I cannot find any advertisements in the London newspapers for Gunter’s – possibly the glowing references in all the accounts of parties, masques and balls was sufficient.

Mr Gunter kept a very fine house in the village of West Kensington, set in 30 acres of grounds which contained the kitchen gardens, orchards and hothouses that produced the vegetables, and more importantly, the pineapples and exotic fruits for the business.

It was his ice creams that he is most known for today. They were made from fresh cream, fresh fruit and sugar and were sometimes frozen using ice shipped in from the Arctic as well as from English ice houses. During the summer the fashionable would drive their carriages to Gunter’s and the waiters would bring out the ices to be consumed under the plane trees that still shade the square. It was considered perfectly respectable for a lady to take tea with a gentleman there. Gunter also enjoyed royal patronage – if enjoyed is quite the right word. Between 1819 and 1828 the Duke of Sussex ran up unpaid bills of almost £700 with him!Ice cream parlour 2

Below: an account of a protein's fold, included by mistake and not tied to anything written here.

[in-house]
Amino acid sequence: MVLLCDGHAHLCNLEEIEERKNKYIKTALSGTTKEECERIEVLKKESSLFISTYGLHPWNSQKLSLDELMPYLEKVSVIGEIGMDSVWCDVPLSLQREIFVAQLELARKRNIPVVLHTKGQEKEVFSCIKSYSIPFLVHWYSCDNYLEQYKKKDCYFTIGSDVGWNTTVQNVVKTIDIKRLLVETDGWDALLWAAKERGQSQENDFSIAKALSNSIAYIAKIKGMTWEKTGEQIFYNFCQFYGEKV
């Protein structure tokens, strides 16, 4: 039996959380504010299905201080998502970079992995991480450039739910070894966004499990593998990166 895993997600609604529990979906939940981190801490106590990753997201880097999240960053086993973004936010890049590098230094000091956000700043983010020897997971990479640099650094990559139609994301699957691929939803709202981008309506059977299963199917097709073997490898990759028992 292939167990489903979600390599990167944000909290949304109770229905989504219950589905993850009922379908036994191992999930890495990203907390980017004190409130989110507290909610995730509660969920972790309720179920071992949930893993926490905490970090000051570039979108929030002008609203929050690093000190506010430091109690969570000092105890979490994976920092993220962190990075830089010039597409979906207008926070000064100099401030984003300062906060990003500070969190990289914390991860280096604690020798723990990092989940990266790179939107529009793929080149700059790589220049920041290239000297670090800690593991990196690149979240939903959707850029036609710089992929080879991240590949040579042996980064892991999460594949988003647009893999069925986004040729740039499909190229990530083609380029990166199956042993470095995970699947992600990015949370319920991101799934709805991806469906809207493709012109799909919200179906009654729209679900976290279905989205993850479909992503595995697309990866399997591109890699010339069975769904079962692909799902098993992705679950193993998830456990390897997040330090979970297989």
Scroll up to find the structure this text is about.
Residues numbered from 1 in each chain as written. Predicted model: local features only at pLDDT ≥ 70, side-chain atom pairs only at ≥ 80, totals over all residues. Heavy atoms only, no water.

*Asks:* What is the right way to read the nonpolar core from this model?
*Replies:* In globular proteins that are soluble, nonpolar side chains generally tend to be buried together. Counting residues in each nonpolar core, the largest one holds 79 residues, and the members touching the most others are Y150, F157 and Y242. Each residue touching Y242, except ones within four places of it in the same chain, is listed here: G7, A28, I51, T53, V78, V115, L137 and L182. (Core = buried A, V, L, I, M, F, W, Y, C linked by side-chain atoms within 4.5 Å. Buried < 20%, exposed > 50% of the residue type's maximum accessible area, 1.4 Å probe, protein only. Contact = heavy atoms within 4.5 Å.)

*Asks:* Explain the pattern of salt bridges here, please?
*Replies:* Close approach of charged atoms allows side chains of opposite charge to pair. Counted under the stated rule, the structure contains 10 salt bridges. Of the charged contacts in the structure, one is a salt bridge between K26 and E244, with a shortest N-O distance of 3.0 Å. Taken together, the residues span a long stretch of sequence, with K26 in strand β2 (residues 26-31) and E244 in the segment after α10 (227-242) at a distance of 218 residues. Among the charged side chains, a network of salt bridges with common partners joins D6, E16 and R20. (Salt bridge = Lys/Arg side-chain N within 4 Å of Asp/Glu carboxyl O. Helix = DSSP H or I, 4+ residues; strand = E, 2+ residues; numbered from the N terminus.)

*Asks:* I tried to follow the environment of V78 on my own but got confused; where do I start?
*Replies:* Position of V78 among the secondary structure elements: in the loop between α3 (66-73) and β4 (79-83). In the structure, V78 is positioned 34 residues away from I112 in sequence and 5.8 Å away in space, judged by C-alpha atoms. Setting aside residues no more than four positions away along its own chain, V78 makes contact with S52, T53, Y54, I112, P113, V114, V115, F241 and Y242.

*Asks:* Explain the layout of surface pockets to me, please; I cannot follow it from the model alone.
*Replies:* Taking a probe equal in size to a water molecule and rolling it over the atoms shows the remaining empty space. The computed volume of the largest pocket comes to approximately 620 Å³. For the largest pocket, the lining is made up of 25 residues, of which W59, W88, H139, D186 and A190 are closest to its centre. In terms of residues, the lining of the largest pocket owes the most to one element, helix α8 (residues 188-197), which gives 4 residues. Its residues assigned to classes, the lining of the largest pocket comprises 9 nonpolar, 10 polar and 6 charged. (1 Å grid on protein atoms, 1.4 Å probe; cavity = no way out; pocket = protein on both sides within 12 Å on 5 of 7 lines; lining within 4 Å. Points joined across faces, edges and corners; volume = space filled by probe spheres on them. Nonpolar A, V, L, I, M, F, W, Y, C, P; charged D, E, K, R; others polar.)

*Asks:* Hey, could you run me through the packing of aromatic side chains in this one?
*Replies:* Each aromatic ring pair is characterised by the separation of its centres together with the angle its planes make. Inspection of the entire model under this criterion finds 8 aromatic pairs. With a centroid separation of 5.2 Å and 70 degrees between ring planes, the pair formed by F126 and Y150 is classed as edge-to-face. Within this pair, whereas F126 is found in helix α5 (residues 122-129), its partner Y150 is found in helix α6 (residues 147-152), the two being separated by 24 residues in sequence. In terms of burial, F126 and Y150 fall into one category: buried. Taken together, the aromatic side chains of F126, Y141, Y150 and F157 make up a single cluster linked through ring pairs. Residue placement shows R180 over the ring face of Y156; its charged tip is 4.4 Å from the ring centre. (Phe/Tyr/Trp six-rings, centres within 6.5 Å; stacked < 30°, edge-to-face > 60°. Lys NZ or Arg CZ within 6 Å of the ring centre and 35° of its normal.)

This print shows young ladies chosing their ices in a Paris confectioner’s.

 Gunter’s business continued until 1936 when the east side of the square was demolished and it moved to Curzon Street. By the 1950s the tea shop closed and the catering business continued, only to be shut down in 1976 as more modern tastes and budgets could no longer support the high style of the operation.

Today there is still a catering establishment on the site of the Berkeley Square shop, and the customers still take refreshments from there to eat in the square under the plane trees. In this picture of the square in 2013 you can just see the red sign – although what Mr Gunter would have made of Prêt is anyone’s guess!DSCN0136